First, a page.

The Call of God: An Evangelical Urban Myth

One commonly hears other believers talk about being called by God to do something. This is most often used with regard to the call to be a pastor (sometimes referred to as the “call to the ministry”) or the call to be a missionary.

Let’s survey the various uses of “call” in the New Testament to see how it is used.

CALL as the audible call (Romans 1:1)

This would be the use of call as God telling someone what to do. This is seen in the life of Paul where God called him to take the gospel to the Gentiles (Acts 9:1-19). This use of call refers to the actual voice of God. This is a unique use of call that we do not see today. If our Father did talk to you you would not miss it.

CALL as offer of the Gospel (Romans 1:5)

Here we have a use of call that refers to the inviting of unbelievers to respond to the gospel of Jesus Christ. This is sometimes called the outward or general call.

CALL as the process by which we become a believer (Romans 1:6)

This is the most common use of call in the New Testament. It refers to the process by which the Holy Spirit causes a person to become a believer (John 6:44, John 3:5-8).

CALL as the place in life in which the Lord has put you (1 Corinthians 7:17).

This is the most used definition in our culture. As culturally defined it refers to what you do, your “calling.” As used in 1 Corinthians 7:17 it refers to whether you are married or single. This use of calling reflects the sovereignty of God in all of life

We have just surveyed all the uses of “call.” There is no use of call in terms of God indicating to the believer what he should do. If this is the case then how come the idea of God calling folks to ministry continues to hang around? It can only be through the lack of examining the context of the biblical passages that we use in our public teaching. This does seem to be a problem that stretches across evangelicalism. If you desire to be a pastor or missionary that is a good thing (1 Timothy 3:1), but do not confuse a desire with the work of the Spirit. The Holy Spirit does work in all areas of our life, but we must not confuse a desire with the work of the Spirit. A desire to do something must be checked by Scripture. It is only in Scripture, the word of God, that we can know what God wants us to do (2 Timothy 3:16-17).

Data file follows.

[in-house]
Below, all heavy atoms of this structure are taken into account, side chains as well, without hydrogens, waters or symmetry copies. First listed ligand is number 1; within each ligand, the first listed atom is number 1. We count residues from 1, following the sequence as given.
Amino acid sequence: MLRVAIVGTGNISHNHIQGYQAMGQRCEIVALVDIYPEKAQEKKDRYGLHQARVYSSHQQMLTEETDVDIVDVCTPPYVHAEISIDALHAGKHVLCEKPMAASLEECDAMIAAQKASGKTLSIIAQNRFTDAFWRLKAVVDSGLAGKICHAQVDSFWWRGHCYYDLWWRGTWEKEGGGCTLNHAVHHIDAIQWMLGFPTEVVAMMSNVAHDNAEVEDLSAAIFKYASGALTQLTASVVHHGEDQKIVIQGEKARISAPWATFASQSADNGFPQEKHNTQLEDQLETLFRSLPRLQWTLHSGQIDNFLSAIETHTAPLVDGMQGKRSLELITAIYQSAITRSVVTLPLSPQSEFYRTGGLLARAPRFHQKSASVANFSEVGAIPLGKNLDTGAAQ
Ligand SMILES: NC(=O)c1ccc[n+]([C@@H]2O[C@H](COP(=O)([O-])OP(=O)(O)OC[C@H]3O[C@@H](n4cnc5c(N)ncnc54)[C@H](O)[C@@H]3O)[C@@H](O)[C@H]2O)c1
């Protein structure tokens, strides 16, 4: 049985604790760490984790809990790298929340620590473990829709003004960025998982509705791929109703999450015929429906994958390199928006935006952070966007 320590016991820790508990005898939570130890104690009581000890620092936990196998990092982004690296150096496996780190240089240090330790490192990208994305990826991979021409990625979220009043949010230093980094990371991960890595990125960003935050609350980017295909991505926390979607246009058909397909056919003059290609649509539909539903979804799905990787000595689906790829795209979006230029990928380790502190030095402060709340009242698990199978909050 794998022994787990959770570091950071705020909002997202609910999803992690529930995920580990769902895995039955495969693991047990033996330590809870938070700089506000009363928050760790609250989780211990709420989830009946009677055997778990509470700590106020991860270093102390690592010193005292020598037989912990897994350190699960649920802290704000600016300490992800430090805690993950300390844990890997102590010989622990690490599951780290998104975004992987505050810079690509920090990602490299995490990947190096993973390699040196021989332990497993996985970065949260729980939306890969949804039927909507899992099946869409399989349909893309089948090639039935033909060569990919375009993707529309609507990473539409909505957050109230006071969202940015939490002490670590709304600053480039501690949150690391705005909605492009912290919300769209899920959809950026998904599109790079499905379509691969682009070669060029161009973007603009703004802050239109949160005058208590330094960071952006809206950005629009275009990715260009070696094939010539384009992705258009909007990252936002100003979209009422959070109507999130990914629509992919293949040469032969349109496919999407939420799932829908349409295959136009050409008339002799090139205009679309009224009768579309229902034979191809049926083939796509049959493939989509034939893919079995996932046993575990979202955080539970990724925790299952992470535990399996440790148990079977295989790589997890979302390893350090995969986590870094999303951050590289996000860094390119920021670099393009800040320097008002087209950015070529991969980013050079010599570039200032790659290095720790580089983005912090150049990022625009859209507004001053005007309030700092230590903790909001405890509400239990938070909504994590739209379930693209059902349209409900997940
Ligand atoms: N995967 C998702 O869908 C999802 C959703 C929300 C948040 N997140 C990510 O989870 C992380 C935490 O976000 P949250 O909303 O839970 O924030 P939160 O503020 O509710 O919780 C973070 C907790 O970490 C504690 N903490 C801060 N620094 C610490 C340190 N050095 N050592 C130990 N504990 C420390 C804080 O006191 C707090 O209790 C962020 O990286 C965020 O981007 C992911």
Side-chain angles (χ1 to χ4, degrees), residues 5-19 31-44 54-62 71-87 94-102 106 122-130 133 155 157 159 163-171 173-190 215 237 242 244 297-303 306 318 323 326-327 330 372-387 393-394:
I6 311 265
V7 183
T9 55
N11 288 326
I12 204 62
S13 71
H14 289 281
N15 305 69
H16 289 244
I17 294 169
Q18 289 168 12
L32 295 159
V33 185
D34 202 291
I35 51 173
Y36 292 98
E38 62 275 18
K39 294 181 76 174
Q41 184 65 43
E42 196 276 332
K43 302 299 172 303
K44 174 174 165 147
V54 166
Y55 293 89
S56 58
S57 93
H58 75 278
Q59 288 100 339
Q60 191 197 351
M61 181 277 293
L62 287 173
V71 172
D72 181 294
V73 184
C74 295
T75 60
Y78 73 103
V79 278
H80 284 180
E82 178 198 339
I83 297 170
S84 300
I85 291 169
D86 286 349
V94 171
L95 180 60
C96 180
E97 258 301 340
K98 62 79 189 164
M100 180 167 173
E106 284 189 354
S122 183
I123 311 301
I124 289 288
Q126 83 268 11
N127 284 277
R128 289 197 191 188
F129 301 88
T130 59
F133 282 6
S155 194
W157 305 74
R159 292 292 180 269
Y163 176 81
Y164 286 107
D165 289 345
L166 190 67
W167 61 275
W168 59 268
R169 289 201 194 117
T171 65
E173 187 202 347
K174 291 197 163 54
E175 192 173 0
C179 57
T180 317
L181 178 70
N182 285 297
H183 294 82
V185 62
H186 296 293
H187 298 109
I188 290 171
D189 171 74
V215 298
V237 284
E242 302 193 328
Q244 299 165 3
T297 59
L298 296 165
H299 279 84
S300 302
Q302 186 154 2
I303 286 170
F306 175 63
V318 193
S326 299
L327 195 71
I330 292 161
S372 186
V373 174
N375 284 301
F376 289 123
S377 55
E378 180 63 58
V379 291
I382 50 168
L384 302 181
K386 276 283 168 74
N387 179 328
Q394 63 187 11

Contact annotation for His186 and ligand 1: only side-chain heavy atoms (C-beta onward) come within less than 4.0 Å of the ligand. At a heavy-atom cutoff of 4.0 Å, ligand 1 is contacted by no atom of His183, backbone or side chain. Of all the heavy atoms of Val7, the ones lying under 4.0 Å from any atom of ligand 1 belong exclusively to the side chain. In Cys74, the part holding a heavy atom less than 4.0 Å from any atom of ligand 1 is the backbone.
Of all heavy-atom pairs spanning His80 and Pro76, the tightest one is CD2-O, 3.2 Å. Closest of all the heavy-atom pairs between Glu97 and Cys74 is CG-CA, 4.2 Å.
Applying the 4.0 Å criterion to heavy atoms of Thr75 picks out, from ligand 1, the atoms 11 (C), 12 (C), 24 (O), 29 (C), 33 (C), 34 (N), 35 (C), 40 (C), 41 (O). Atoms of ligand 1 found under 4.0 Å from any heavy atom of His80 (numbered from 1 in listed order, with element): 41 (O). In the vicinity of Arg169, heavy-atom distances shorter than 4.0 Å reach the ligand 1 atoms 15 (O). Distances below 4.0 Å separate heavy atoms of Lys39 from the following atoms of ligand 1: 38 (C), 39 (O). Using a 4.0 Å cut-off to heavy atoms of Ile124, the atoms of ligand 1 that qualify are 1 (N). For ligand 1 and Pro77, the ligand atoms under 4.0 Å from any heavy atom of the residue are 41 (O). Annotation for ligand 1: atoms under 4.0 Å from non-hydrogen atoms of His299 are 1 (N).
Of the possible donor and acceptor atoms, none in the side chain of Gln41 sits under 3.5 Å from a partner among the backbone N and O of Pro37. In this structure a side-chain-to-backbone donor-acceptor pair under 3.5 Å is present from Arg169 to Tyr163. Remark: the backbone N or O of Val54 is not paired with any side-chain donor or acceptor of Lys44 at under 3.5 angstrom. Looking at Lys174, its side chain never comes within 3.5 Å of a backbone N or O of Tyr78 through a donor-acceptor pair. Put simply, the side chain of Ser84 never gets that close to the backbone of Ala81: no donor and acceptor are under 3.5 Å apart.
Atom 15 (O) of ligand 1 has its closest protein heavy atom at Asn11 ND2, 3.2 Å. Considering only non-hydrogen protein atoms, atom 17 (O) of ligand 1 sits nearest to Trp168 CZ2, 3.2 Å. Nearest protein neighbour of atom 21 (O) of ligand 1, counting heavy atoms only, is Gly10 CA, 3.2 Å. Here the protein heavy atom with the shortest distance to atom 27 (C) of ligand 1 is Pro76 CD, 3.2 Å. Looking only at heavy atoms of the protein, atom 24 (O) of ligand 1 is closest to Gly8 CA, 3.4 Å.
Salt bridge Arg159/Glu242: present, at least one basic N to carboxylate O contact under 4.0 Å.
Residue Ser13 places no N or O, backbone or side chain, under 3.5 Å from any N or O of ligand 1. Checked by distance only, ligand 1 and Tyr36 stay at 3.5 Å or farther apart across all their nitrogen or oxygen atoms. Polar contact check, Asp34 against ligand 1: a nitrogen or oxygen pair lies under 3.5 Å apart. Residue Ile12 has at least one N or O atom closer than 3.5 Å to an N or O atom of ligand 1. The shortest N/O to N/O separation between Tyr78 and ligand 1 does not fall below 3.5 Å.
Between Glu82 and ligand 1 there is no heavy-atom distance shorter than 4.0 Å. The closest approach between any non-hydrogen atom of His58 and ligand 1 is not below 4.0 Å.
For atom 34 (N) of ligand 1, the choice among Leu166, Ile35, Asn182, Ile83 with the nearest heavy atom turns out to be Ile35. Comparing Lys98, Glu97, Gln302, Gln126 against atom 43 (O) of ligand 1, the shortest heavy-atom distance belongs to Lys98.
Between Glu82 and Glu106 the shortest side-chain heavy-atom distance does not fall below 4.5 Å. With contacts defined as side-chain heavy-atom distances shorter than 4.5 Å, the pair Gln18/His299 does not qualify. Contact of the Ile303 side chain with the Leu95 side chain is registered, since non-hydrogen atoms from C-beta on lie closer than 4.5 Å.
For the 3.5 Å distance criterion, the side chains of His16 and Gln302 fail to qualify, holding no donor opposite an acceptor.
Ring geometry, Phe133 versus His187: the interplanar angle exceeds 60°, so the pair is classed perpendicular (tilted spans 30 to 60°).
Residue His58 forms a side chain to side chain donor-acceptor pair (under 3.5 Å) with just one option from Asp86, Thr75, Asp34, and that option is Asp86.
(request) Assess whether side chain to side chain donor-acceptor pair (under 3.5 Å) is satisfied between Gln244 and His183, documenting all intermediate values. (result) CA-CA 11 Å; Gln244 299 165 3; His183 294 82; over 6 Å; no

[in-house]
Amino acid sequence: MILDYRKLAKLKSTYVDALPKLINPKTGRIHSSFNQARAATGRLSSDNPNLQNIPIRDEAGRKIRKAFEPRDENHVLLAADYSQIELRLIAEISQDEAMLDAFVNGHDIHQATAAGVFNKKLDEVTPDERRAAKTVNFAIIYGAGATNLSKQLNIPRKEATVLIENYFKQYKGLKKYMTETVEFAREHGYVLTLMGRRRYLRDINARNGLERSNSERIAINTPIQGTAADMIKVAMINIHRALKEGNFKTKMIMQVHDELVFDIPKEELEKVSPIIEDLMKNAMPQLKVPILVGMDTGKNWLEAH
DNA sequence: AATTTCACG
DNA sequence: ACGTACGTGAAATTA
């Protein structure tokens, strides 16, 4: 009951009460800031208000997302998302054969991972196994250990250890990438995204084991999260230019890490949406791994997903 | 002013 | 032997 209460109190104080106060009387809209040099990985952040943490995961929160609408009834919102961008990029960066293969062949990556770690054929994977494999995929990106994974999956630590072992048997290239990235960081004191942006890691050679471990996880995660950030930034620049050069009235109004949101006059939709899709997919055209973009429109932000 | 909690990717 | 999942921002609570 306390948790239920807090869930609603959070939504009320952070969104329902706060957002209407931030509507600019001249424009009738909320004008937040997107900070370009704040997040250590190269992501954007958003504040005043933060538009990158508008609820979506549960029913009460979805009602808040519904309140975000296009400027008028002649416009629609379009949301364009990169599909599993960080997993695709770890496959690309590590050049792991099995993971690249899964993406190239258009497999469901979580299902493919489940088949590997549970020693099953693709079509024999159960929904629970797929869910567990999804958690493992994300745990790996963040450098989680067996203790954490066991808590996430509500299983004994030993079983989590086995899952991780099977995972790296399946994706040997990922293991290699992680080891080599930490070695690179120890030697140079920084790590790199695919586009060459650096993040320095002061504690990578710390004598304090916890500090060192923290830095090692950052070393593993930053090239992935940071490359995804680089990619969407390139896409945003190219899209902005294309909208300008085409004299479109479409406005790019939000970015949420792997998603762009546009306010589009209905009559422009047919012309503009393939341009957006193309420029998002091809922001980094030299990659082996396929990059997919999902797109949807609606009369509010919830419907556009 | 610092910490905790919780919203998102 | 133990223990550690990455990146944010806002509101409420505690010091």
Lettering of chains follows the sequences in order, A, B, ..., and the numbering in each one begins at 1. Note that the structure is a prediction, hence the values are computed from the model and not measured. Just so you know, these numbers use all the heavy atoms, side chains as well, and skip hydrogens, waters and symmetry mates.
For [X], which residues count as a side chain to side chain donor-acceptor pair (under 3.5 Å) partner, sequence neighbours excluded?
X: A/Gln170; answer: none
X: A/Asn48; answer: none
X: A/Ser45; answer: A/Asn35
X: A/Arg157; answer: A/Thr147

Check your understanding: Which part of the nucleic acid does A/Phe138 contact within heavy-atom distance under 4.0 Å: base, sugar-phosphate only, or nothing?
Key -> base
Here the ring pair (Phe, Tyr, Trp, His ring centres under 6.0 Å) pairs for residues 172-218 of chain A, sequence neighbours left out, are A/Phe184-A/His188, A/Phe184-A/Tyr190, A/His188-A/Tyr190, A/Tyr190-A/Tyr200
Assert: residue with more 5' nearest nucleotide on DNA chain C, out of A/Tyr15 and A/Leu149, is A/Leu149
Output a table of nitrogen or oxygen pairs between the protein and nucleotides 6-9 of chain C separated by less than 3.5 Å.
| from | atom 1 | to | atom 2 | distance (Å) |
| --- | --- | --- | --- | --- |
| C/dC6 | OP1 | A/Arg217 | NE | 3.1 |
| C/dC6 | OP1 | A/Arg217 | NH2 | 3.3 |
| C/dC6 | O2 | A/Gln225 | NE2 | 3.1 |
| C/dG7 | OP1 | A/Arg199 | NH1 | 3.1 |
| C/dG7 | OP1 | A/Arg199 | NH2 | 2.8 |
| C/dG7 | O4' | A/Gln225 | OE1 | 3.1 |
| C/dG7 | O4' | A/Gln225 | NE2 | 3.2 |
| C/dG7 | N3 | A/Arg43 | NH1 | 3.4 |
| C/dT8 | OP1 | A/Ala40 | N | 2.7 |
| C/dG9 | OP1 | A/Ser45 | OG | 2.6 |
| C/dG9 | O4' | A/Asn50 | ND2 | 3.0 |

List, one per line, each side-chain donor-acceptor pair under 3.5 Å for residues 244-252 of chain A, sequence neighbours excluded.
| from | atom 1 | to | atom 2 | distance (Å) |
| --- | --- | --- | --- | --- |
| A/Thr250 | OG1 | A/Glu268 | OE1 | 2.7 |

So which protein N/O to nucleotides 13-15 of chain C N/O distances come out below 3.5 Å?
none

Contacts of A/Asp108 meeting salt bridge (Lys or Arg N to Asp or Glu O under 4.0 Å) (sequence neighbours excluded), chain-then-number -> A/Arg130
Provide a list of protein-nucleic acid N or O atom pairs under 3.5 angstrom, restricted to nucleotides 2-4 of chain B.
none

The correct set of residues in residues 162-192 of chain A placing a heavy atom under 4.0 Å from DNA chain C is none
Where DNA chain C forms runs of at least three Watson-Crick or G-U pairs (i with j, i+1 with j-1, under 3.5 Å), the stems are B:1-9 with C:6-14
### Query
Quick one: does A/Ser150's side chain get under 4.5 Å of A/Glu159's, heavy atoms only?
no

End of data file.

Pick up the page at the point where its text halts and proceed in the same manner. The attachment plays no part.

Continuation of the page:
So… I appeal to you to examine the context of whatever biblical passage you are using. Check it out before you unwittingly pass on error to others. Remember that biblical error hurts believers.

5 thoughts on “The Call of God: An Evangelical Urban Myth

  1. Amen. This has troubled me for a long time.

    It stems from a mistaken view that the Kingdom is built by Common Grace means. While it’s valid to fill out paperwork, or change tires…those actions in and of themselves don’t build God’s Kingdom.

    We live as Christians, so our callings as Christians shapes how we go about our daily lives, but the tasks aren’t holy…they’re common.

    Though Common, they’re legitimate. We live in Babylon and we are to pray for the peace of the city. We are to build our houses, tend our gardens etc….but our work in Babylon, doesn’t turn Babylon into Zion.

    It’s funny how the realm emphasis on Calling ends up either being a special task….like ministry, or for many Kuyperian/Dominionist types it ends up being something ‘high’ like the arts, politics, or law, things that change society. They don’t really have a lot of use for a garbage man or a factory worker.

    I wish more people would get this. Great post.

  2. Is there a prompting or a motivation that God may give you to do something or to be in a certain place
    Or a discernment not to get into the car or on a flight??

  3. David, Yes I do think that God may indeed prompt us to do something. But, we are never told in Scripture to look to these experiences to sort out the will of God. Only Scripture can reveal the will of God to us.

  4. David, yes you can be prompted by God to do something. My point is that you can never be sure that what you think is a prompting is from the Lord.

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